Dance researcher/performer Maroula Iliopoulou follows the research process of Ingrid Berger Myhre in the Museum Boijmans van Beuningen. Read her text and follow the journey!
Since Boijmans Van Beuningen Museum is currently being renovated, their collection has been dispersed across neighbouring institutions, under the title ‘Boijmans Next Door’. Having said that, Dancing Museums collaborative European Project has been on the move as well.
During the local residencies for our Dancing Museums project, I followed the appointed choreographer, Ingrid Berger Myhre, at three different institutions in Rotterdam: the Maritime Museum, the Museum Rotterdam and the Kunsthal. Curious about how a choreographic residency, especially within a museum environment, can unfold? Navigate through the local choreographic residencies of our Dancing Museums project to follow the journey.
Museum Rotterdam: Invitation practices & audience participation
The third week of the local residency for our Dancing Museums project took place at the Museum Rotterdam and coincided with the launch of the new exhibition ‘Rotterdam’s Studio Secrets’, which is part of Boijmans Next Door. In parallel with the residency, there was an opportunity for Ingrid Berger Myhre to meet with the curator of the new exhibition and view parts of its set-up procedure.
What strikes me most about following the process of Ingrid during the project, is her commitment and sensitivity in acknowledging and understanding the context of the location (Museum) each time and accordingly always finding ways to adapt and transform her practice in a responsive manner.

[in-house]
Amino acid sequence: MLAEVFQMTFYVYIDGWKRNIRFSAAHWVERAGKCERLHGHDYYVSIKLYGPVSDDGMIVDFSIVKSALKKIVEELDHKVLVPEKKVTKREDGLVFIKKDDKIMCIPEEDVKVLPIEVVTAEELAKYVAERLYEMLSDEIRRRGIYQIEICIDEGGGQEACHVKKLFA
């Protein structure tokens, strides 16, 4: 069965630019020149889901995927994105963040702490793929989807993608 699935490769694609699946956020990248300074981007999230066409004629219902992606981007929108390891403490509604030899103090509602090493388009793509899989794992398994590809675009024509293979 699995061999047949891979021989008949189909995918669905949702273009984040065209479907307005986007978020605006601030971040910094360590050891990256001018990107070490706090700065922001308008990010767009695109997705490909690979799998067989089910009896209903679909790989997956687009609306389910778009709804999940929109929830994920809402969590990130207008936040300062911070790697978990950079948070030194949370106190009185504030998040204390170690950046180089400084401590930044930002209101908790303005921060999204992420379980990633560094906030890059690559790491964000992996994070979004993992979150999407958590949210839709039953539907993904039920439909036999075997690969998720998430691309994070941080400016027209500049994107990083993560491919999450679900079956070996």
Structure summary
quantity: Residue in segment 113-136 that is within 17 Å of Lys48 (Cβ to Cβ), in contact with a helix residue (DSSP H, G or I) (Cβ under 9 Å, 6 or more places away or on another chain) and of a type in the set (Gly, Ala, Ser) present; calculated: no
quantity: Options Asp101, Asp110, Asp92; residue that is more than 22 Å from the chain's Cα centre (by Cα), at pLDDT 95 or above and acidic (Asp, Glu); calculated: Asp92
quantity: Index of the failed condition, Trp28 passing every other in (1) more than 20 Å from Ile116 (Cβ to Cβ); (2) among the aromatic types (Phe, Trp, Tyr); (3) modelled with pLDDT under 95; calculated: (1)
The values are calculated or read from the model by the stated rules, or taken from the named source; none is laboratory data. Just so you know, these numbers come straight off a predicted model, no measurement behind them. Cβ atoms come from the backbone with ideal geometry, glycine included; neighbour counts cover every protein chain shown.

The History of the City, one of the permanent collections at the Museum Rotterdam, is exhibited in a room which shares transparent-glass walls with some offices in the Gemeente Building. Therefore, visibility is possible from both sides. Utilising this opportunity, one of the practices that Ingrid decided to focus on this week was to experiment with the feasibility of making an announcement for an intervention. She explored forms of invitation to a visitor to participate on a specific task. For one of the compositions, they worked with cups, in a version of quite a familiar and recognisable game with a small ball conjuring trick. This game proved ideal as a way to interact with someone from afar, and in this case, from the offices of the other building. It is easily read from a distance and it requires just a short amount of time from the participant. These interactions provided useful insight into the potential invitation strategies and formats which can be voluntary and accessible. The repetition of the same object offered a rest for the eye and revealed a choreographic potential, which gave room to a variety of experiments and a desire to develop languages/systems that apply in different forms.